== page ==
Headlines, Human Rights, North America

POLITICS-U.S.: Citizens Revolt Against Paperless Voting

Marty Logan

MONTREAL, Jun 4 2004 (IPS) - Carroll County officials in the U.S. state of Ohio opted this week not to buy an electronic voting machine in time for November’s presidential election, and Dan Kozminski says his group should get some of the credit for that decision.

Kozminski’s Citizens’ Alliance for Secure Elections (CASE) is one of many campaigns – local and national – created specifically to push governments to ensure that if they jump on the electronic voting bandwagon, they must first guarantee that the new mechanism will include a “paper trail” for every vote.

“Many of our members have attended boards of election meetings. We have faxed them, we have e-mailed them many times, and sent out regular mail. We have been working with VerifiedVoting.org and the Electronic Frontier Foundation to encourage their members in Ohio to call their boards of elections to ask them please not to go forward,” says the CASE activist from Cleveland, Ohio.

Across the United States, “the land of the free” and long a shining example of democracy to people worldwide, groups and movements have sprung up in recent months fighting to ensure that everyone who is entitled is able to vote on Nov. 3 and that those ballots are fairly counted.

And their demand for paper backups to electronically-cast votes is an important part of that effort.

So far, CASE has played a part in the decisions of 28 of 31 counties in the northern state of Ohio to not take advantage of new federal funding to buy the machines in 2004, said Kozminski in a telephone interview with IPS Friday.

“Our position is that electronic voting is probably going to be the wave of the future. I’m comfortable with computers – I used to be a computer programmer. But they’re rushing into this whole procedure without really thinking through the issues, and (without) putting forward a very secure, reliable verifiable technology.”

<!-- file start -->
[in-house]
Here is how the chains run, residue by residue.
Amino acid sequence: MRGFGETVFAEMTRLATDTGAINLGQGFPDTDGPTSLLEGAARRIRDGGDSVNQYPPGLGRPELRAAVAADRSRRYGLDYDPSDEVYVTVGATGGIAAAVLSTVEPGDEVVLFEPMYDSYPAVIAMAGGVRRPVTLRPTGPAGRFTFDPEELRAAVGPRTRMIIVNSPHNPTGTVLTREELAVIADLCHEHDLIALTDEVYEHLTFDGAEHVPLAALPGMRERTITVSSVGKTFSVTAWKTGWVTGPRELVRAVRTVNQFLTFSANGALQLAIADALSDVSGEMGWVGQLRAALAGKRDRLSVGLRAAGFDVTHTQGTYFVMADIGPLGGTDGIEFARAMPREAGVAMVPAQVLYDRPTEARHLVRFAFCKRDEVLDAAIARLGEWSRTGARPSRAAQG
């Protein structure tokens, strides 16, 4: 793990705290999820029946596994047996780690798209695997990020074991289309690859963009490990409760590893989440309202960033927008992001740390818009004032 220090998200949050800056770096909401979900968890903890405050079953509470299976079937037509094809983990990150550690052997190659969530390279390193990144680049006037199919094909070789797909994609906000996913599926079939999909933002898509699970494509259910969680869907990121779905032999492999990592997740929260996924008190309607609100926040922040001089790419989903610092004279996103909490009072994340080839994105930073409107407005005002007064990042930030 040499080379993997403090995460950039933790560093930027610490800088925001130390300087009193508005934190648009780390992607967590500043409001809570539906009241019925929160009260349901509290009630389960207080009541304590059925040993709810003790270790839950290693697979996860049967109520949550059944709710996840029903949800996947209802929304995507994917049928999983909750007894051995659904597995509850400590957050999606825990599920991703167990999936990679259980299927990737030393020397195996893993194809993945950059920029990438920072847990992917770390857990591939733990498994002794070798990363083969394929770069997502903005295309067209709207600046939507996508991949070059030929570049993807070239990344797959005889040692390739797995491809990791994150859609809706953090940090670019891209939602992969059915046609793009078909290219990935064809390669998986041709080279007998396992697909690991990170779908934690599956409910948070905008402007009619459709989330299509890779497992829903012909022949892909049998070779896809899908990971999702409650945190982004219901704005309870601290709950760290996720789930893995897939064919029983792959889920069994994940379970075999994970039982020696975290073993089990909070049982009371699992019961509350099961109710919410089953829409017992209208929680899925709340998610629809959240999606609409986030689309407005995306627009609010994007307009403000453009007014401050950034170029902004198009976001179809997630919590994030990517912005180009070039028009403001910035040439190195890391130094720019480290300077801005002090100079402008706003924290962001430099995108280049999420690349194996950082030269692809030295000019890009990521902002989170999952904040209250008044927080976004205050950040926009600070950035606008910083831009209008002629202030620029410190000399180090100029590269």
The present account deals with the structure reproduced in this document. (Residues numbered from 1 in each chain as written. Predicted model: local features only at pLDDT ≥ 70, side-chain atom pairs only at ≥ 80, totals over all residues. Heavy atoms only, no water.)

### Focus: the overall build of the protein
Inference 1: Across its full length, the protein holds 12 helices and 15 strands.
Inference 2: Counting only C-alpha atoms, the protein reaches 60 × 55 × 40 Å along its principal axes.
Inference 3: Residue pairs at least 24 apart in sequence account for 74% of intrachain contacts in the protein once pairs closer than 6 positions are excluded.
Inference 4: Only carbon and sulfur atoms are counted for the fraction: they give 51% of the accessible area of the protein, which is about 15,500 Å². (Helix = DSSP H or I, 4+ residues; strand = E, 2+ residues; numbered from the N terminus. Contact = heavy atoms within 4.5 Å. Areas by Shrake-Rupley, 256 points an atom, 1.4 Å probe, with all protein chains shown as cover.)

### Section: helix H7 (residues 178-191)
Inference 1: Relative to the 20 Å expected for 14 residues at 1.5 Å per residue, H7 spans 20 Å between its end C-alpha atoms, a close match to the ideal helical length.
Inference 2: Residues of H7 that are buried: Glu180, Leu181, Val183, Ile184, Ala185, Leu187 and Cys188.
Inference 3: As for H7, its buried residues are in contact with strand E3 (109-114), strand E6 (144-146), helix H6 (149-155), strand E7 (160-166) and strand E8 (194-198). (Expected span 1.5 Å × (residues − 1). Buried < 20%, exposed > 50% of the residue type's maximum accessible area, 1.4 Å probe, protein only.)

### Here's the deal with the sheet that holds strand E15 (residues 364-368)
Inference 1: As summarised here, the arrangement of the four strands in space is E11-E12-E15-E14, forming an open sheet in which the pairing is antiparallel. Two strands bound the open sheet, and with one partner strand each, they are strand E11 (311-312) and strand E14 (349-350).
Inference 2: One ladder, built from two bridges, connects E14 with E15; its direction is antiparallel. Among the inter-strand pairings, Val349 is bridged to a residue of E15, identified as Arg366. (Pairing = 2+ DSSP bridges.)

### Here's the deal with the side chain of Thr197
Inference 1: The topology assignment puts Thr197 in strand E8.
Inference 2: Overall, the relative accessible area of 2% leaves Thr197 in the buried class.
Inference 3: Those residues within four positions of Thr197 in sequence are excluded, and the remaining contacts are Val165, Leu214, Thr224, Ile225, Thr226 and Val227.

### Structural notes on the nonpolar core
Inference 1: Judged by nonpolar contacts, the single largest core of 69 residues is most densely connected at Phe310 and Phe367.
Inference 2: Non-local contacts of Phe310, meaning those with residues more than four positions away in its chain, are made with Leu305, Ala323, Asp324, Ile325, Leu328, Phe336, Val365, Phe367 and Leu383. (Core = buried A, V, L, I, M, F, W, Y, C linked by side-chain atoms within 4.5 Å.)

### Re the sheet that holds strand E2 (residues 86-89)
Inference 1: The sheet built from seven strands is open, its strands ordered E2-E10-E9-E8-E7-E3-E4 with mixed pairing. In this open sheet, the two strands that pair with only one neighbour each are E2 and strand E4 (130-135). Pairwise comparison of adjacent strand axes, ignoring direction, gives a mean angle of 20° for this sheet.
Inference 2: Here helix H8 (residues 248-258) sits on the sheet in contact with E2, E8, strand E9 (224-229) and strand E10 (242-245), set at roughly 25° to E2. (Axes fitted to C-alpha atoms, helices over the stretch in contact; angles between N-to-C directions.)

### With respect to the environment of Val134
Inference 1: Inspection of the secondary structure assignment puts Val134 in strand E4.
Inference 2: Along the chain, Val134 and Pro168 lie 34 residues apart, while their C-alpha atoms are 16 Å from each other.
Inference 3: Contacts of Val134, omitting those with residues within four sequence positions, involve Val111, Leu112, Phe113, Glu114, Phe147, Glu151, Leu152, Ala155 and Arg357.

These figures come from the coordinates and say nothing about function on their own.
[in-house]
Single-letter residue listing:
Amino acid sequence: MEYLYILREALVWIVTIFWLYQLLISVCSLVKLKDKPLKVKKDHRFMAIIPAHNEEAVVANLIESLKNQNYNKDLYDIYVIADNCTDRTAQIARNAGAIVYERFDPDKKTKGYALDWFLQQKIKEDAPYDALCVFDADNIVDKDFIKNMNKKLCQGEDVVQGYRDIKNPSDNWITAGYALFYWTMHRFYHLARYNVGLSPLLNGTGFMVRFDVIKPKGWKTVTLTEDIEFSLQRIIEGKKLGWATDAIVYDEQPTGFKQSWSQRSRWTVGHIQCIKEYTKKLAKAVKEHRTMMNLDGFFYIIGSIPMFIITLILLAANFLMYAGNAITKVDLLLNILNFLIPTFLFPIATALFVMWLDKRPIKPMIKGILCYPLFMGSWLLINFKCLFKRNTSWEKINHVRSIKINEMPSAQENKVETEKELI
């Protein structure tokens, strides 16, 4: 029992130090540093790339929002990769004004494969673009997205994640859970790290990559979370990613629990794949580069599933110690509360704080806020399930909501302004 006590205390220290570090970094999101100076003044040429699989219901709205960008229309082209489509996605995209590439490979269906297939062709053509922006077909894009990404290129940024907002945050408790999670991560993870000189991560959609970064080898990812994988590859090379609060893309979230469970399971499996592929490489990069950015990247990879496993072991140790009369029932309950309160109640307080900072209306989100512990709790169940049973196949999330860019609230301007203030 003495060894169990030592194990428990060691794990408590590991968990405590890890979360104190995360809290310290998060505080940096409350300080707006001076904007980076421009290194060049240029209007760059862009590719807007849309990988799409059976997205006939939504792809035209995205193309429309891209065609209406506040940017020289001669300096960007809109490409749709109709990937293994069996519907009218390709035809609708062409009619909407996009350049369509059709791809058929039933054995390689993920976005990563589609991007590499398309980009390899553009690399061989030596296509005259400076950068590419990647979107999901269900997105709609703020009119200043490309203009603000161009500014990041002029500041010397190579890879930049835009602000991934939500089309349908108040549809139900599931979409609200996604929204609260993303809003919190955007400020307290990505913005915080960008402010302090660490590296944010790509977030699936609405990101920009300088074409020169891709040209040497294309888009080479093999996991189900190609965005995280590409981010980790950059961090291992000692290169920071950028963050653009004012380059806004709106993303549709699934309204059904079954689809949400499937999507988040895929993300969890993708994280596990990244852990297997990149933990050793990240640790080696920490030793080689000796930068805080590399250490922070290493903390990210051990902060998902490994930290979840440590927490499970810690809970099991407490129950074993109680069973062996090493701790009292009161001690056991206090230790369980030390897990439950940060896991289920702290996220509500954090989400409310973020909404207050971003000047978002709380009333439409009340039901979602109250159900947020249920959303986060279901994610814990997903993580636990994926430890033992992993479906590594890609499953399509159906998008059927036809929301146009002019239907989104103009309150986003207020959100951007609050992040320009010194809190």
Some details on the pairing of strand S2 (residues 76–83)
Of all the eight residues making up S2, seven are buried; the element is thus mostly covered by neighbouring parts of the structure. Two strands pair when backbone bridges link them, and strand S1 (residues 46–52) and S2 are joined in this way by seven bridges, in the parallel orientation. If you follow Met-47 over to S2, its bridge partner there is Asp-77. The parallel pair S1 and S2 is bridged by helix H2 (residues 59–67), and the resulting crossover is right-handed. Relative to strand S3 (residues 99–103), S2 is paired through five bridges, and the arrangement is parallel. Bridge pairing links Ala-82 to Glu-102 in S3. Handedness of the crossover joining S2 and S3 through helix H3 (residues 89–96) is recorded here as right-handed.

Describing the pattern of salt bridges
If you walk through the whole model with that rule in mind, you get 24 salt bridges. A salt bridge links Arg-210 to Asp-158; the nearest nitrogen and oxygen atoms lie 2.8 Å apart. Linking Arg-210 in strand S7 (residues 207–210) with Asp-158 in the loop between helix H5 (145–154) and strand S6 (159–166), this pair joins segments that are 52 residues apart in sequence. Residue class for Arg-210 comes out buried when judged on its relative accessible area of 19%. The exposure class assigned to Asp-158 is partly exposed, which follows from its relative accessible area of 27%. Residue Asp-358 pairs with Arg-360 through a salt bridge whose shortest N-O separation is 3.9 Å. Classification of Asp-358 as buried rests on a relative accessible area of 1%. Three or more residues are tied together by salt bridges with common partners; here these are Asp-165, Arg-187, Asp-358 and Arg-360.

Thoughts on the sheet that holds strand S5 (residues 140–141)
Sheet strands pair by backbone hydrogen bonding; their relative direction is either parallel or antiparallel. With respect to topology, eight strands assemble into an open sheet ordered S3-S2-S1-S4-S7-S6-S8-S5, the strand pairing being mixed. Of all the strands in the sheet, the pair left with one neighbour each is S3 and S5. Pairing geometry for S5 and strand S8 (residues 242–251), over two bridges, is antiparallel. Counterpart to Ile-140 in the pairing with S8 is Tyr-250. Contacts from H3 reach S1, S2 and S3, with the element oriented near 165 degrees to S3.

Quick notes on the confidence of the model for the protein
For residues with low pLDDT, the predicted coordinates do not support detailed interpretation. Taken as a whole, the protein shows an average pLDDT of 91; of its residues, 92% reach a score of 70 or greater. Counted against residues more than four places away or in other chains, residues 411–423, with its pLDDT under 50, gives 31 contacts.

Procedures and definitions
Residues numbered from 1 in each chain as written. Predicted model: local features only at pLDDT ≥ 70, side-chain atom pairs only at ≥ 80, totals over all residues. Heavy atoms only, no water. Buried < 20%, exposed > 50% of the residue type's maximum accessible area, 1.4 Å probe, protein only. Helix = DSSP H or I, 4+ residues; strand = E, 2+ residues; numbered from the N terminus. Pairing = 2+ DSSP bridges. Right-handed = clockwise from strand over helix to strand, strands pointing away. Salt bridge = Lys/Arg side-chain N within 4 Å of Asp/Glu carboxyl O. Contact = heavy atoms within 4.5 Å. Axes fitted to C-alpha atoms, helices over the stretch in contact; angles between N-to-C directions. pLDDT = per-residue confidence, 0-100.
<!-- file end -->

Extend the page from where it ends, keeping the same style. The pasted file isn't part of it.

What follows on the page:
Echoes of that view can be found on numerous U.S. websites, in Internet chat rooms and, increasingly, in the mainstream media.

One of the most-quoted voices is that of Bev Harris, author of “Black-Box Voting: Ballot Tampering in the 21st Century”. She is a journalist who has made uncovering hi-tech voting fraud her passion.

Harris is calling for volunteers to join an election monitoring team – what she refers to as the “Clean-Up Crew” – that would serve as poll workers, election judges and poll watchers in November, when President George W. Bush, of the Republican Party, is expected to face Democrat challenger, Senator John Kerry.

“Some Clean-Up Crew members will act as communications relays to get problems to the media instantly. Additional… members will collect information needed for prompt litigation (and) monitor results for statistical anomalies,” says an e-mail from Harris.

“Please submit your nomination for a county that needs special attention. The Top 10 clean-up sites will each be assigned 100 Clean-Up Crew members, blanketing every polling place,” adds the journalist, who writes on her website that she has embarked on a 90-day road trip to investigate who is profiting from the move to electronic voting.

Many voting activists cite a letter from Wally O’Dell, chairman and chief executive of Diebold, Inc., the largest maker of electronic voting terminals in the country, as proof of the direct link between elected officials and manufacturers: ”I am committed to helping Ohio deliver its electoral votes to the president next year,” O’Dell wrote in a fundraising letter in 2003.

In May, O’Dell told the New York Times the letter was a “huge mistake”.

Paperless voting machines were one of many issues to emerge from the infamous 2000 presidential election, which ended with a Supreme Court decision that Bush had triumphed by 537 votes in the key state of Florida, governed by his brother Jeb Bush.